This dangerous Naira ‘dance’: Dear Government, don’t turn your back on us

Thursday, February 25, 2016



I heaved a sigh of relief yesterday. The Naira appreciated to N250 = $1 yesterday at the parallel market.

Alas, my sigh was too premature.
Credits: www.newmail-ng.com

Ibrahim - my dollar ‘merchant’ - has just told me as I type, that the Naira now sells for N320 = $1.

I would usually leave discussions of all things economic for the economists. But the past few months have been really traumatising, in terms of the rate at (and to) which the Naira has plummeted.

The annoying thing is that the official value of the Naira is still quoted at N197 = $1 by the Central Bank of Nigeria, whereas the obtainable rate at the parallel market (i.e. Bureax-de-Change, and other dollar ‘merchants’) has been doing this dangerous dance... going as low as N405 = $1 earlier this week.

(I’m tired.)

How did we get here??

Oil. The immediate culprit. 

The low price of Oil in the international markets.

The more remote cause however is our general penchant for foreign goods and services. Hence, making us a country almost totally dependent on imports, without generating enough exports to strengthen our currency.

Imported food. Imported clothes. Imported education. Imported vacays.

This Government has expressed indignation at the continuous importation of goods by Nigerians, and has adopted the hardball stance that for persons seeking to import goods other than few items approved by the Government for the official rate, they are left to their fate and should bear the burden of the exploitative cost of dollars in the parallel market.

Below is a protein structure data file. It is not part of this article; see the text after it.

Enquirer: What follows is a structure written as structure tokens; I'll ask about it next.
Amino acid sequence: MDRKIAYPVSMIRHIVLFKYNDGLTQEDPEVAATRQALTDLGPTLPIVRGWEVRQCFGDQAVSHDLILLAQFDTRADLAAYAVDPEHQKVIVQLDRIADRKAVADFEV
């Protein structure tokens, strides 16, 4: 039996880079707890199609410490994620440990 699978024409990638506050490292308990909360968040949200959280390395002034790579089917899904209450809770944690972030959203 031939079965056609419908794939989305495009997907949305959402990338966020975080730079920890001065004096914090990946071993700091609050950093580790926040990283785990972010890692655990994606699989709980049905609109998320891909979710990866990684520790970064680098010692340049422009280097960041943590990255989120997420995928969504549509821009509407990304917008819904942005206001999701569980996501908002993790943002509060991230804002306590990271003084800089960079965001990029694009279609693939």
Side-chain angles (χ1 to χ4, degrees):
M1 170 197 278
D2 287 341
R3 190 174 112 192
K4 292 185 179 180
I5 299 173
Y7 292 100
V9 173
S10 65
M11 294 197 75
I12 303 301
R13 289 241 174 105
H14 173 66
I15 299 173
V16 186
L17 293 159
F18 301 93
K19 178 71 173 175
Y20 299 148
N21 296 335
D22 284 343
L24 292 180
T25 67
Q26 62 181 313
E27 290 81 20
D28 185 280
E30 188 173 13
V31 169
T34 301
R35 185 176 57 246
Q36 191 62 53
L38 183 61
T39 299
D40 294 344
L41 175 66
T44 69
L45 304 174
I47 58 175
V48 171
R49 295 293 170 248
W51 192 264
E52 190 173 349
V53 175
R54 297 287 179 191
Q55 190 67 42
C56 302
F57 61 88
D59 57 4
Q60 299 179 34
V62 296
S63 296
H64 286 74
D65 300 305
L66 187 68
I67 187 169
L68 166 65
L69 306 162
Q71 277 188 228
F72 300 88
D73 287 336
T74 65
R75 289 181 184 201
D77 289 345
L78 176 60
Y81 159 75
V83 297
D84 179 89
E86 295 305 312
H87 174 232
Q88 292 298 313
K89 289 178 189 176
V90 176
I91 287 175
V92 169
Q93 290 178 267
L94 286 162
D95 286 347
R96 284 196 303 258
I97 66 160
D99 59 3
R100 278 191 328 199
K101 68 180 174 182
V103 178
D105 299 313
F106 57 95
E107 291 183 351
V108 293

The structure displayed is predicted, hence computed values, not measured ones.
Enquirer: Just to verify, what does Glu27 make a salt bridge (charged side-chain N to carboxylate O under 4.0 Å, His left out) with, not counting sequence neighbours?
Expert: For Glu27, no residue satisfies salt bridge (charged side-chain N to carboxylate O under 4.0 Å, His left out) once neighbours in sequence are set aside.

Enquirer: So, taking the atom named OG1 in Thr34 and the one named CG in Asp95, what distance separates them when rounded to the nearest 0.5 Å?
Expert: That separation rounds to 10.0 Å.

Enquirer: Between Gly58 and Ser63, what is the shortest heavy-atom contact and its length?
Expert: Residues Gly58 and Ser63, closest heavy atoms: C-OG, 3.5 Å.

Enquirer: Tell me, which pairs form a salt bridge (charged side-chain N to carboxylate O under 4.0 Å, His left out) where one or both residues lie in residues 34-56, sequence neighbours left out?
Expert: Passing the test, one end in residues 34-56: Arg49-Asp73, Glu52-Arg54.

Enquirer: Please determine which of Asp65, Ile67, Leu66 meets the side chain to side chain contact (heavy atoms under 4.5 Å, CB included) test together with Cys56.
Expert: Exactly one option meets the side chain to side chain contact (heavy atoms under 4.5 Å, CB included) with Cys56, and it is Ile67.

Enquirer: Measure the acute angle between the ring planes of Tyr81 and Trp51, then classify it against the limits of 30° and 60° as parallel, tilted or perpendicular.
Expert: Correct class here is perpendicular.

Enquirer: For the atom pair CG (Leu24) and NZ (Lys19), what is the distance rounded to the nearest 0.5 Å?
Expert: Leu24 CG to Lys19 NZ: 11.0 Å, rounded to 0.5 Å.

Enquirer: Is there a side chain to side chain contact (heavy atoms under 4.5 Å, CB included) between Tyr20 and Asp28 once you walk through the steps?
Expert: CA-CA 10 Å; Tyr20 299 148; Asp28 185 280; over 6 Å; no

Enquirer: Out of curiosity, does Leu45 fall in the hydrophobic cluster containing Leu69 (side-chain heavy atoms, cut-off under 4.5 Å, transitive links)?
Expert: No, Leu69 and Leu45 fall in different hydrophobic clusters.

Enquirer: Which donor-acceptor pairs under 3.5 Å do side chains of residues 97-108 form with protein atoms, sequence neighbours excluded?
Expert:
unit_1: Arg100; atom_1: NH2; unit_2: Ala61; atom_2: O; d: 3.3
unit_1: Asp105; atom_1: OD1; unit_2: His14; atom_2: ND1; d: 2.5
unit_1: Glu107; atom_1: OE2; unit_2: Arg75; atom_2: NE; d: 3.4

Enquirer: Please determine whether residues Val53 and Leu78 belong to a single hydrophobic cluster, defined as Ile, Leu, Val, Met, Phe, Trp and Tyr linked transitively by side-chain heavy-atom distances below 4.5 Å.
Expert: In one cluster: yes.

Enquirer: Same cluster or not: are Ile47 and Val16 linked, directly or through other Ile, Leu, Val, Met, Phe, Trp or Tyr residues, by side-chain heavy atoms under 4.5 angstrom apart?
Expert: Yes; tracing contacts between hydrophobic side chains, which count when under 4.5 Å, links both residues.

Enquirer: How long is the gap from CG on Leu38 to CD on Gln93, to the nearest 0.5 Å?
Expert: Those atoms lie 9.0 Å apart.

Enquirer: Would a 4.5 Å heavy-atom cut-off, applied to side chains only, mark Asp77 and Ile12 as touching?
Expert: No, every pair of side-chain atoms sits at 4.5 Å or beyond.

The summary of the Government’s solution: YOU ARE ON YOUR OWN.

The new mantra in town is “Buy Naija to grow the Naira”.

(Like it would magically blow all our problems away, and the Naira would suddenly return to its ‘glory’ days of N150 to a dollar).

Produce and buy local goods, the Government says.

True, Nigerians ogle over foreign goods and services, always eager to show of their Hermes (of course, I had to do that!) and other designer bags, or quick to share pictures on social media; frolicking in other countries for vacation.

But the Government cannot just turn its back on its citizens, and “punish” them for their gravitating towards foreign goods and services, because the Government over the years has pushed, and pushed its citizens to adoring foreign goods, and is the single largest contributor to this non-producing quagmire the country has now found itself.

(Before you subconsciously absolve this Government as not being the same as the immediate past, or other previous Government, remember that while the individuals may change, the institution is continuous. In any case, this Government is basically a recycling of the powers that have always ‘been’.)

So I have questions:

What exactly is the Government’s position or proposed strategy in encouraging production by small and medium Enterprises? How business friendly is the regulatory and business environment in Nigeria for production, and ultimately, exportation?

Is it this one replete with obsolete commercial practices and administrative bottlenecks; lackadaisical civil servants and corrupt officials always seeking kickbacks, thereby squashing a business even before it has taken off?

What of unnecessary overhead costs? The cost of getting alternative electricity sources? Sinking boreholes? Navigating horrible roads to get your goods delivered??

If after calculating the kickbacks and overhead costs an intending businesswoman would have to bear in beginning her start-up, and in comparing same to importing the end-products of the business, she finds importation less stressful (not stress free, just less stressful) why would she not turn to importation?